Soccer in this country has been growing by leaps and bounds over the last two decades. Some of that growth has been spurred on by the success of the U.S. Men’s National Team as well as the U.S. Women’s National Team. Undoubtedly, some of that growth is a result of a more financially stable MLS. However, most of that growth is a result of the large presence of European club teams in the US.
Every summer we see teams from European leagues come to the US as part of their preseason. Sometimes they play against MLS teams; sometimes they play other European teams. While preseason training is one goal for these clubs, the biggest goal, no doubt, is to promote the brand and make more money. The attempt to increase brand awareness for these clubs has been wildly successful, most notably among the thousands of kids playing youth soccer. Every time you go anywhere in the United States, you don’t just see Heat jerseys or Yankees jerseys. You see shirts for Barcelona, Manchester United, Real Madrid, Arsenal, AC Milan, and others.
As hard as it is to believe, this can create a problem for US players and US club teams. It has long been the case in the US that there are more fans supporting the other team than there are supporting the USA. That has started to change since 2007 with the emergence of groups like The American Outlaws and Sam’s Army. One thing that remains the same, however, is that American players, even the likes of Landon Donovan and Clint Dempsey, are strangers to most people in the US, while non-American players are some of the most popular athletes among kids. In terms of popularity, soccer players such as Cristiano Ronaldo, Lionel Messi, and Wayne Rooney are on the same level as LeBron James, Tom Brady and Derek Jeter.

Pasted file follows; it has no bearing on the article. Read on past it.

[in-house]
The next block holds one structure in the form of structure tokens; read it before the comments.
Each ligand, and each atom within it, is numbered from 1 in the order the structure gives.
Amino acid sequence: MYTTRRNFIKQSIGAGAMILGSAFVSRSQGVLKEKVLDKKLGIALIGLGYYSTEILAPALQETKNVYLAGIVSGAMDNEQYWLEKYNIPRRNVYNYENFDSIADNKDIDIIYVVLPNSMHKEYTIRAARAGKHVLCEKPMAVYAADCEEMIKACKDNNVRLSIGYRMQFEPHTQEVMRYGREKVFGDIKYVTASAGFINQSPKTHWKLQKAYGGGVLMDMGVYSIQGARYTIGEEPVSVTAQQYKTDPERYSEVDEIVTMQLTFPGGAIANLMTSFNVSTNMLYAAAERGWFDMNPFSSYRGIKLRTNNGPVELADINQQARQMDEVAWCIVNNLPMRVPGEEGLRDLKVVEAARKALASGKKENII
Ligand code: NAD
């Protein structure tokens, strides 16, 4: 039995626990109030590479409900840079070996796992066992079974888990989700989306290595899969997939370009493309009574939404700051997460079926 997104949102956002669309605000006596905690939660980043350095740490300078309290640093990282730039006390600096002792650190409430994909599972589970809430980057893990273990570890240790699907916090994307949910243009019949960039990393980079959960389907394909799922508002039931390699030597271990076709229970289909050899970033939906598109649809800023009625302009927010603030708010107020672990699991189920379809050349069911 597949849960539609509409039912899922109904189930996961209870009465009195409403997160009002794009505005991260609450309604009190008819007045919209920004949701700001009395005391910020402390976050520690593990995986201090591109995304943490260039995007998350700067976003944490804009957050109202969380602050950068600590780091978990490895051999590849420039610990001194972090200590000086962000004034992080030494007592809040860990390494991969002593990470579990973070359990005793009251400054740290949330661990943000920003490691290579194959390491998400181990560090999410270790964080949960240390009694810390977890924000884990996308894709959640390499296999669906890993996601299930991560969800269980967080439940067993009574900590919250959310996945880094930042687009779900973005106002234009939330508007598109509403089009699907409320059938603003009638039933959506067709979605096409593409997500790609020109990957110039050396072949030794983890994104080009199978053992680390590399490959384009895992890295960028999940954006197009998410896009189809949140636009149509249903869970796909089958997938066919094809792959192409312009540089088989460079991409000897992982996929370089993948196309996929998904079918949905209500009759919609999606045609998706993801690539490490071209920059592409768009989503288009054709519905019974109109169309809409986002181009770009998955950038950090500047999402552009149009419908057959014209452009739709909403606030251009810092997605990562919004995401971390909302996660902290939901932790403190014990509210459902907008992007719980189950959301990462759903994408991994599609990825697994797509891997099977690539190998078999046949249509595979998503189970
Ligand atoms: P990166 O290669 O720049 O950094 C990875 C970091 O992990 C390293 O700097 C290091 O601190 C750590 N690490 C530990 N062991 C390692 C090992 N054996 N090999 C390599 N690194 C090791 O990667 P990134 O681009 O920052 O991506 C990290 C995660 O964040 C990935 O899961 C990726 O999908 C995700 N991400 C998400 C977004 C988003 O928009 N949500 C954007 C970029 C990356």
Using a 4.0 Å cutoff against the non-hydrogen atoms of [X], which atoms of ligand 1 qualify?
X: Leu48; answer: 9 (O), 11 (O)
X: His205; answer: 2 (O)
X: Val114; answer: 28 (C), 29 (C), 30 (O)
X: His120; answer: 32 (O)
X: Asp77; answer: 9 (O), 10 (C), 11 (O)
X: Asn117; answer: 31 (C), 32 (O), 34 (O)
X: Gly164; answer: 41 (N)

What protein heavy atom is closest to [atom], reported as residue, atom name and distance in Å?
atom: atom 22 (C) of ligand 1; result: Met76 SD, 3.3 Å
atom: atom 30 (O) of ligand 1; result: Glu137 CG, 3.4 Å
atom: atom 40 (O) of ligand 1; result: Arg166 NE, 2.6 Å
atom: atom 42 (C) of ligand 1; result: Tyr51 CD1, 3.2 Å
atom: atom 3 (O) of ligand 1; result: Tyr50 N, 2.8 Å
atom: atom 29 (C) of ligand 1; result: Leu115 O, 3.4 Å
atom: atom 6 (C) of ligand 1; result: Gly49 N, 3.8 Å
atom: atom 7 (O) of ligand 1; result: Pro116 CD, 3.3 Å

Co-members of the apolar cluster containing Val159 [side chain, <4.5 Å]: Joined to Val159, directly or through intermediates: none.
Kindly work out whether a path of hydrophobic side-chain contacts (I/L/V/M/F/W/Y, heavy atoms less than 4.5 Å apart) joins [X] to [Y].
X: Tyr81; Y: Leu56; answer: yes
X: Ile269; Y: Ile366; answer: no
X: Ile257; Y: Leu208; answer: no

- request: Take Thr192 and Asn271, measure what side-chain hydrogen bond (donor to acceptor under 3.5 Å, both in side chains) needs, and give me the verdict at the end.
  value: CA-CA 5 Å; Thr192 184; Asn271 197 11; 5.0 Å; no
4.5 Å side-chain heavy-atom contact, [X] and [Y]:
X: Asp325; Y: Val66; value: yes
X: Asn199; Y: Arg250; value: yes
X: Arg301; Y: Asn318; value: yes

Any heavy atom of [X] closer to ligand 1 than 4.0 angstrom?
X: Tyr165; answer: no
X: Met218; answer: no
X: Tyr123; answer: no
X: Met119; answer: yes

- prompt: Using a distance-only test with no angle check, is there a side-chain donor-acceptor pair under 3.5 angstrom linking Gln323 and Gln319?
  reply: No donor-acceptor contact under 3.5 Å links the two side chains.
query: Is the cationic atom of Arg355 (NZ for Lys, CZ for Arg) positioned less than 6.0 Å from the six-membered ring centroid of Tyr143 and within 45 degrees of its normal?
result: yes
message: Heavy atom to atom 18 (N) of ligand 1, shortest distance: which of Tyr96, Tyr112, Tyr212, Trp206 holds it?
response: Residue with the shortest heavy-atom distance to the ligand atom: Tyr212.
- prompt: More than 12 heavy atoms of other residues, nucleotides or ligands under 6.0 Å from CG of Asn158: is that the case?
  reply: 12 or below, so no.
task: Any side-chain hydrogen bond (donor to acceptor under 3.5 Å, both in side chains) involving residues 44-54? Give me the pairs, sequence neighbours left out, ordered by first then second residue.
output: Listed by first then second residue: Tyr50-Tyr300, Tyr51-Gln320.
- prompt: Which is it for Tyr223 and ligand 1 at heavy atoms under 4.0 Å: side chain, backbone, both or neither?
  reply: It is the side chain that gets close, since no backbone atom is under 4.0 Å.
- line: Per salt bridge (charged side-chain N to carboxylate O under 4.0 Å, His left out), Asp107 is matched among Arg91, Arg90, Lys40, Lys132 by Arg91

It is a little bit irritating to hear some kids saying that they will be cheering for Portugal and Germany to make it out of the group at the World Cup instead of the USA because Portugal has Ronaldo and Germany has Mesut Ozil. Fortunately, there are still plenty of Americans who will be cheering on the USA. Fan support is exploding to epic proportions, as evidenced by the fact that Americans have bought more tickets to the World Cup than anybody else, with the obvious exception of Brazil.
Some of the players on the provisional 30-man roster are a mystery to USA fans because they don’t follow MLS. They know all about who won the Premier League and who is in the UEFA Champions League Final, but have no idea who sits atop the Eastern Conference in MLS. This begs the question: Can you be a true American soccer fan if you don’t support MLS?
Don’t get me wrong. I love watching the Premier League and the Champions League, but I love watching MLS too. I have no problem sitting down with somebody and talking for hours about the Premier League, Messi vs. Ronaldo, etc. But it irritates me when I switch gears and try to talk about MLS and people just give me a blank stare. If you support the USA, then it would behoove you to learn about and watch the league where the majority of the players come from. Some of the players who have turned into mainstays for this US team – such as Nick Rimando, Matt Besler, Brad Evans, and Omar Gonzalez – star in MLS each week. Tune in and watch them sometime. If people choose not to, they have to ask themselves: Am I a true American soccer fan?